Further analyses showed that transgenic mice demonstrated higher cortical excitability, suggesting an imbalance between excitation and inhibition. The researchers used this information to test a possible treatment: midazolam, a benzodiazepine that selectively increases GABAAergic neuro-transmission. Application of midazolam both restored the frequency and long-range coherence of slow waves in transgenic mice, suggesting that long-range coherence of slow-wave oscillations depend on GABAAergic inhibition, and that loss of coherence in Alzheimer’s may be due to a reduction of inhibition.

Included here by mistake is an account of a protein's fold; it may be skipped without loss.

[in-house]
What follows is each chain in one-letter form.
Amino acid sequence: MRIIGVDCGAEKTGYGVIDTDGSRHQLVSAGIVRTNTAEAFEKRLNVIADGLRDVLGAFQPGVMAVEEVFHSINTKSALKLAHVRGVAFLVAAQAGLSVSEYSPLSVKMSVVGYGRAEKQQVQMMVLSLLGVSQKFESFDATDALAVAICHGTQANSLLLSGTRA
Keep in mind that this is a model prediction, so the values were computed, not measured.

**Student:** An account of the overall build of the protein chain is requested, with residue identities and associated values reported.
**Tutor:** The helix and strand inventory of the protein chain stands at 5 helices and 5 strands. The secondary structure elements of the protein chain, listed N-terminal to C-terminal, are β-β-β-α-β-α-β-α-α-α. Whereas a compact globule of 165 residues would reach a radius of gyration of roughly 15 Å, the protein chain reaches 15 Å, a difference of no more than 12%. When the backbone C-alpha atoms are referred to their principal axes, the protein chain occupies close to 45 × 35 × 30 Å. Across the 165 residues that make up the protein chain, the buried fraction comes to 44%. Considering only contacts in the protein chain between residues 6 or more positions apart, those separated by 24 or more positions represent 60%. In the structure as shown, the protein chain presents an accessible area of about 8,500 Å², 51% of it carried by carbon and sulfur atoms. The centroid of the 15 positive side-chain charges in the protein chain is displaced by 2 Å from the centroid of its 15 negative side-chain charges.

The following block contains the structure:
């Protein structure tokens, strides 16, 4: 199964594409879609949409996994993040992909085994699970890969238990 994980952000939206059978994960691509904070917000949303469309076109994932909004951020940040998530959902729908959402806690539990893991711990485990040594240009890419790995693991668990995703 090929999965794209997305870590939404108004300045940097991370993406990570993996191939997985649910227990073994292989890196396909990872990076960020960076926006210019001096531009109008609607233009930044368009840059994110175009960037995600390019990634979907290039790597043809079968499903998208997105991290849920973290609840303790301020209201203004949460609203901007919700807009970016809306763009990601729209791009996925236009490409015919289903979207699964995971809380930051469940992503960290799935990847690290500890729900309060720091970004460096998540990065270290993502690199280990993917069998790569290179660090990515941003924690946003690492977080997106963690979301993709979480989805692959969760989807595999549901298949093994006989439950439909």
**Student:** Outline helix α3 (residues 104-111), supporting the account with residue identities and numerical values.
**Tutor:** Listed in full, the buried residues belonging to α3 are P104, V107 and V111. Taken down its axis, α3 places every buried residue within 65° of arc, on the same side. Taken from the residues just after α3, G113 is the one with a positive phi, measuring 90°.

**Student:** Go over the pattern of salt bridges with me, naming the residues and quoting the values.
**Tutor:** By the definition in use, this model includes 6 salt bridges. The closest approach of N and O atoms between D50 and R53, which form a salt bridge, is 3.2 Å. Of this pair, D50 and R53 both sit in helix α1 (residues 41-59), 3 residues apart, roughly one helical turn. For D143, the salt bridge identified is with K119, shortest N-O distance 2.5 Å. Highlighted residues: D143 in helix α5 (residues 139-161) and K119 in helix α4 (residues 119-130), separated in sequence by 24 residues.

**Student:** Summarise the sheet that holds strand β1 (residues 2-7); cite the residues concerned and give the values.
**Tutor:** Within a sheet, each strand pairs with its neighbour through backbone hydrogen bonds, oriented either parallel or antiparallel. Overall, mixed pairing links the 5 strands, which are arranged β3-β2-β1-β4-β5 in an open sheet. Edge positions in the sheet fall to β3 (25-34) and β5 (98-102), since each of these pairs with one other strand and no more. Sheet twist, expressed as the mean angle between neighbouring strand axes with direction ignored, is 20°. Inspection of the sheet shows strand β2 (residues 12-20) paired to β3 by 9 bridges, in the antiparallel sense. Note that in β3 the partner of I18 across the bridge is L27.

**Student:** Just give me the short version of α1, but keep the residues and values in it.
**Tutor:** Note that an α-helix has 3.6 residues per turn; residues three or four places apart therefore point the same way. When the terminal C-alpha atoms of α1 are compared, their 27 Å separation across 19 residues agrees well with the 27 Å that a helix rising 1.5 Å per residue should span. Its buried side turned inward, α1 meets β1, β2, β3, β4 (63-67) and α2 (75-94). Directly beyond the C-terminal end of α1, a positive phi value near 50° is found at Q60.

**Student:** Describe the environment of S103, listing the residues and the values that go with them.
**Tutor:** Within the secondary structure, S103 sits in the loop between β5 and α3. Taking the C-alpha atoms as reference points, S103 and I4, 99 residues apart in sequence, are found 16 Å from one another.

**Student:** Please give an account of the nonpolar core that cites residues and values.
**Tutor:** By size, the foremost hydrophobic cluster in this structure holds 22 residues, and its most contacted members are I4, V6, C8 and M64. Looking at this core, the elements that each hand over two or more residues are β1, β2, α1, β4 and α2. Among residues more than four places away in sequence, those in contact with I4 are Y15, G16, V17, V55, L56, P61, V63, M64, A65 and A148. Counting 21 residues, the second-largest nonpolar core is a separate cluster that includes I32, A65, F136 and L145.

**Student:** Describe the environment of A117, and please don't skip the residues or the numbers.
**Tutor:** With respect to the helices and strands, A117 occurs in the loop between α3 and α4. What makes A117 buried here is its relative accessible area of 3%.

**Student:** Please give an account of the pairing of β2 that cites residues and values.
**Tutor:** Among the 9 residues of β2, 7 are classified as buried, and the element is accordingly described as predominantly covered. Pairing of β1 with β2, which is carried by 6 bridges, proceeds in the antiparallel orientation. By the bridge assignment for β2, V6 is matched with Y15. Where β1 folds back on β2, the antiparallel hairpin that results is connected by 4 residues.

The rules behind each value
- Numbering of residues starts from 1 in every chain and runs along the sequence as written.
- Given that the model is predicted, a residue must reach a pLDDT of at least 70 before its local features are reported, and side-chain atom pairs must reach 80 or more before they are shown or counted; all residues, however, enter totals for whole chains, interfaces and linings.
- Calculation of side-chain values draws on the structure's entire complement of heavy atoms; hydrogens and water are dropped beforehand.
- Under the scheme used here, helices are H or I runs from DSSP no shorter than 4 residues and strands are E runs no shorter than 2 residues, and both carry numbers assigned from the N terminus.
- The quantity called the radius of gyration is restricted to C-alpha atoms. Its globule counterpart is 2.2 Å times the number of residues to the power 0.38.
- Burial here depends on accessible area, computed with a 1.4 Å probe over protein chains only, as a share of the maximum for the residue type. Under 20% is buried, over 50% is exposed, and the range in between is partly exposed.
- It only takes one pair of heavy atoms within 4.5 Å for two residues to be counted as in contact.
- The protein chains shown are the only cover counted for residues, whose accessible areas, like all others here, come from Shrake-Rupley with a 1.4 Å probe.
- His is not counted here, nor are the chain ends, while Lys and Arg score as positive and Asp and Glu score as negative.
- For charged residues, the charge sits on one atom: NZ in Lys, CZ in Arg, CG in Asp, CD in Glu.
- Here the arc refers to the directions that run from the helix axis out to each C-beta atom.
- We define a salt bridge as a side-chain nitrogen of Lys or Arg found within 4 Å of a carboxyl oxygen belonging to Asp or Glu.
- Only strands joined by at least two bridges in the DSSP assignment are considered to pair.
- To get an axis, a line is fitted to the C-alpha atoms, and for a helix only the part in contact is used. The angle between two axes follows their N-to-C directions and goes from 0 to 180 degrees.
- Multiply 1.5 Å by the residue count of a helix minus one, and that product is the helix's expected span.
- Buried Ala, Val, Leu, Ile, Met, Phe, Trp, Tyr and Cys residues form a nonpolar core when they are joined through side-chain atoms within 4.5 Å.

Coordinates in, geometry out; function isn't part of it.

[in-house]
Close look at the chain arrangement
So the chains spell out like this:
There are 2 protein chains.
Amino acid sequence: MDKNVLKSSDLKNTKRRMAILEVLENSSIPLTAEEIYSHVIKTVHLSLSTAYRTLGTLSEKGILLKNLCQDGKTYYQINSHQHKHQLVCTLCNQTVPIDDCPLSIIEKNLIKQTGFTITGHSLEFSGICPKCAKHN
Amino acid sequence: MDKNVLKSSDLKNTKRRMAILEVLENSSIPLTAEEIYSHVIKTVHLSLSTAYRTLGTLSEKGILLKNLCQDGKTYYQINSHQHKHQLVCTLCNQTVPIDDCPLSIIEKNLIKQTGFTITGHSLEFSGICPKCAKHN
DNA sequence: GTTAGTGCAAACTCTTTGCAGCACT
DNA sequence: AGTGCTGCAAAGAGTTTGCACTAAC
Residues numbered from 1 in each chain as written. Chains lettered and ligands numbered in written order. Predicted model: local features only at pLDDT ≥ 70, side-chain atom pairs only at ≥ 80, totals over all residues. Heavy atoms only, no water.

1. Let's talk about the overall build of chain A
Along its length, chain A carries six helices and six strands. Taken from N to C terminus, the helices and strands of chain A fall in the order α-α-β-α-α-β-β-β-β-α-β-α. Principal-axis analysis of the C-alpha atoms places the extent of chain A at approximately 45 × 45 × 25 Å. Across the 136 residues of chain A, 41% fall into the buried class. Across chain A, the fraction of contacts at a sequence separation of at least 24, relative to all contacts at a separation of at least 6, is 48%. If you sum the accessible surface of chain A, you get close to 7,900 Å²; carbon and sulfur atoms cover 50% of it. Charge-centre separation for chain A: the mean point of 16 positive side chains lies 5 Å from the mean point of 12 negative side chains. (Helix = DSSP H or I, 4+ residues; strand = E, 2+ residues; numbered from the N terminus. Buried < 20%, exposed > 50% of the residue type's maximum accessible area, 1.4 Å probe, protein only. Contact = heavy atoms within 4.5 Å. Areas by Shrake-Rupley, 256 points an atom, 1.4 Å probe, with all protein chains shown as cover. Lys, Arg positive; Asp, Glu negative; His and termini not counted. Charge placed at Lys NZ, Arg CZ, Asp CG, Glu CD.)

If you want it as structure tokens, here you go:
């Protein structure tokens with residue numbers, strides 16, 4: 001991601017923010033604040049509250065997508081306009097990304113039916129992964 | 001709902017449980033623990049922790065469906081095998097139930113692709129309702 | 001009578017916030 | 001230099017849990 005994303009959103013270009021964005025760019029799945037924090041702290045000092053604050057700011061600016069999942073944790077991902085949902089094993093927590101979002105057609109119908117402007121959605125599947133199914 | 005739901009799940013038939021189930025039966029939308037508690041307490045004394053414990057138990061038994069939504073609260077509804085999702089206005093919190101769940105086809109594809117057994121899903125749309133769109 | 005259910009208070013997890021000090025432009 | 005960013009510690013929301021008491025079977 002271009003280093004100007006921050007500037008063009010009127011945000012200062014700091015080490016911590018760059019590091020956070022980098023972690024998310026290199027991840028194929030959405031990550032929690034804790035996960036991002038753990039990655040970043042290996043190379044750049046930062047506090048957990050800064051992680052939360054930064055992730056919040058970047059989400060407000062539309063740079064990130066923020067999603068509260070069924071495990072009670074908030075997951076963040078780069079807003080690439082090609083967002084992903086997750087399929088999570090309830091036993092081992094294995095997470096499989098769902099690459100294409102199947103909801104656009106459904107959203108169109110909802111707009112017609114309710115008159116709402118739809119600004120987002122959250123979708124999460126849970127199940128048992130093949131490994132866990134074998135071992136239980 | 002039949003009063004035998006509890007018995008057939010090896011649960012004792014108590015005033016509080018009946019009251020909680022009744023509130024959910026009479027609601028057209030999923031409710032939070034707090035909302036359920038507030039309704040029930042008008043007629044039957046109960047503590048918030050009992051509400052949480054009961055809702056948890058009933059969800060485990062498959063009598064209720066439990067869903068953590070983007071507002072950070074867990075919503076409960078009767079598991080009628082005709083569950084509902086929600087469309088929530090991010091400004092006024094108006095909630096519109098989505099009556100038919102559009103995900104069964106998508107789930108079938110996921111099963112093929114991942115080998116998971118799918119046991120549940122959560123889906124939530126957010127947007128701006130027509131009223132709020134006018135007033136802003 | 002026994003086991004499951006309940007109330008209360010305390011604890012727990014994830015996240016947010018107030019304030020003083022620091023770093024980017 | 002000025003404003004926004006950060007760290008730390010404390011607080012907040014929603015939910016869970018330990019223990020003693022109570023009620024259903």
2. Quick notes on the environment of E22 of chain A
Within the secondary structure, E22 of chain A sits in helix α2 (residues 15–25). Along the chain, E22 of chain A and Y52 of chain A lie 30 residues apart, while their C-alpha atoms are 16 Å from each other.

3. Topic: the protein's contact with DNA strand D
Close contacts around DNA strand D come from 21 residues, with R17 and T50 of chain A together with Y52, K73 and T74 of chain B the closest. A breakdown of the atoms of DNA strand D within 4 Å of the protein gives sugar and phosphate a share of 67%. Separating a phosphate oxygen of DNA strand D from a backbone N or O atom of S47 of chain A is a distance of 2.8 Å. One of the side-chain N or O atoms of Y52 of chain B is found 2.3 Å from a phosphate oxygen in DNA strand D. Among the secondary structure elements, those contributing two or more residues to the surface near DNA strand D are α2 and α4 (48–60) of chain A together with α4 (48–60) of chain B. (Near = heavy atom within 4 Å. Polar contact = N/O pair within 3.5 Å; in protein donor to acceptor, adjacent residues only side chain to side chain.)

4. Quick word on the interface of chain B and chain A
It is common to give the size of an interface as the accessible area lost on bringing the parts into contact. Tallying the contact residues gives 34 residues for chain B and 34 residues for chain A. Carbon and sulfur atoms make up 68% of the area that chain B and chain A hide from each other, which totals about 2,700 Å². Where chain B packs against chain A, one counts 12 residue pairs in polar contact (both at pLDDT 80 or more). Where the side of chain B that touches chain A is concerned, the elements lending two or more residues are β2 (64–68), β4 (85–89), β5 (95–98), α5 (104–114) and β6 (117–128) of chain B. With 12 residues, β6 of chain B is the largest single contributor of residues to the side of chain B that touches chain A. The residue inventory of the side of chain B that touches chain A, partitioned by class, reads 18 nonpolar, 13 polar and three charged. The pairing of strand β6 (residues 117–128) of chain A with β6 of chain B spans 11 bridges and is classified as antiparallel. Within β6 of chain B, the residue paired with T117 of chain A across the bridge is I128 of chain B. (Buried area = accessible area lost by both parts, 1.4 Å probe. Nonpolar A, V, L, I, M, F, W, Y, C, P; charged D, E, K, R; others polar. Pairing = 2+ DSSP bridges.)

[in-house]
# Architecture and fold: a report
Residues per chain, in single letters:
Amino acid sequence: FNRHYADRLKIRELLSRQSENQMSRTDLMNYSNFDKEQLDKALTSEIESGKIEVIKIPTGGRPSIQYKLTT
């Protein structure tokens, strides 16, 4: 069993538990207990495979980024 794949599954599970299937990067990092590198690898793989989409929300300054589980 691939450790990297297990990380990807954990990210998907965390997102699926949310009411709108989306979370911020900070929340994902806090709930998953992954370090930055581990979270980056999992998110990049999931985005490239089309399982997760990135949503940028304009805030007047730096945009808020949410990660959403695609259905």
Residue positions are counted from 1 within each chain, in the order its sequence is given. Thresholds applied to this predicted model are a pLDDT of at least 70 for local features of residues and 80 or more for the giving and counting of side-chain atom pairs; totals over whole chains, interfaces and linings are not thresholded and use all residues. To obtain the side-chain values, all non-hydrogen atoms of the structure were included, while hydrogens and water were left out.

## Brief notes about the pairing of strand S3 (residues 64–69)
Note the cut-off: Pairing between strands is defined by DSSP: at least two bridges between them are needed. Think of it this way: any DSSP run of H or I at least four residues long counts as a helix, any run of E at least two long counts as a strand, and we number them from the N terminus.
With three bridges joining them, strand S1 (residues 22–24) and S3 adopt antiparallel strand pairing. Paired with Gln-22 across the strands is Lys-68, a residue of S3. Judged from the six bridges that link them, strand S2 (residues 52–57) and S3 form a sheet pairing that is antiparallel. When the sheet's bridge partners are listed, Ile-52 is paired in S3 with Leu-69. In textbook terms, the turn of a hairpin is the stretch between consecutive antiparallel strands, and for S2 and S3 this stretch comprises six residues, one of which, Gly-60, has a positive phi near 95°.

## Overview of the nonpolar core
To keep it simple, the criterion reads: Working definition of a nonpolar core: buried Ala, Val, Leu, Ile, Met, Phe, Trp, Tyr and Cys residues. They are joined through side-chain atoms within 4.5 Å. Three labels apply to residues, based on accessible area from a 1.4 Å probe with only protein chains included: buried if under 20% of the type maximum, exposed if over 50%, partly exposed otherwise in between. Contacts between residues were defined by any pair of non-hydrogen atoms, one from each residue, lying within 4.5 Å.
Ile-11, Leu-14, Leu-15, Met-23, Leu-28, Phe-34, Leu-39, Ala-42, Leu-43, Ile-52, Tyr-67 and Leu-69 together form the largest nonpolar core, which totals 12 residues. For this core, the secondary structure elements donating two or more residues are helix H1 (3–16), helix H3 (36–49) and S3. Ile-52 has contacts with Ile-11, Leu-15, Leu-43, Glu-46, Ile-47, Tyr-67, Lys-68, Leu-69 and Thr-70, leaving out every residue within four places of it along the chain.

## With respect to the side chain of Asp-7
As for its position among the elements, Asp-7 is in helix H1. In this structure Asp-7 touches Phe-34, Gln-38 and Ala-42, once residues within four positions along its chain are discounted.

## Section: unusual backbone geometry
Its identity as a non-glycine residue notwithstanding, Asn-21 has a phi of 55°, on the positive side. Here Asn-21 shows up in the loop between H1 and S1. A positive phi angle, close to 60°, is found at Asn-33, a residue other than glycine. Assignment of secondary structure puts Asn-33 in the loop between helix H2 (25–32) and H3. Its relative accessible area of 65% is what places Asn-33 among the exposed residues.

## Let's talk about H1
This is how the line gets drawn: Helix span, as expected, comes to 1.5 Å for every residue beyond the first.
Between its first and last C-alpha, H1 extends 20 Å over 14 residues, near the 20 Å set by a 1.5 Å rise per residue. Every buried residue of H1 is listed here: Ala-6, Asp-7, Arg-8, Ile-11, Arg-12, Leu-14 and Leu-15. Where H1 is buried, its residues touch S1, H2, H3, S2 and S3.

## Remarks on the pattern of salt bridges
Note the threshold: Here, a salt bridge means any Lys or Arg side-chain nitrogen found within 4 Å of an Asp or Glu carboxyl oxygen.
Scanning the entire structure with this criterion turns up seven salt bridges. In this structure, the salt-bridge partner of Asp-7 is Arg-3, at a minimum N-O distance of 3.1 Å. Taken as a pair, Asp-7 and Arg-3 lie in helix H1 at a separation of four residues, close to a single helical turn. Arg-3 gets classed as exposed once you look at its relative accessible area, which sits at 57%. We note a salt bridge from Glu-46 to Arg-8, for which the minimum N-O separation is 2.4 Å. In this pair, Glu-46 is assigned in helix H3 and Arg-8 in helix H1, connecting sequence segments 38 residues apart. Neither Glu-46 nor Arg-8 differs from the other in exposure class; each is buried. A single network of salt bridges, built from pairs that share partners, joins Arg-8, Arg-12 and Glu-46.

While the findings are preliminary, the researchers feel they are significant for the future treatment of Alzheimer’s. “These findings are of great interest for two reasons: firstly, mice and humans have the same sleep oscillations in the brain — the results are thus transferrable. Secondly, these waves can be recorded with a standard EEG monitor, so that any impairment may also be diagnosed at an early stage.” Dr. Busche said.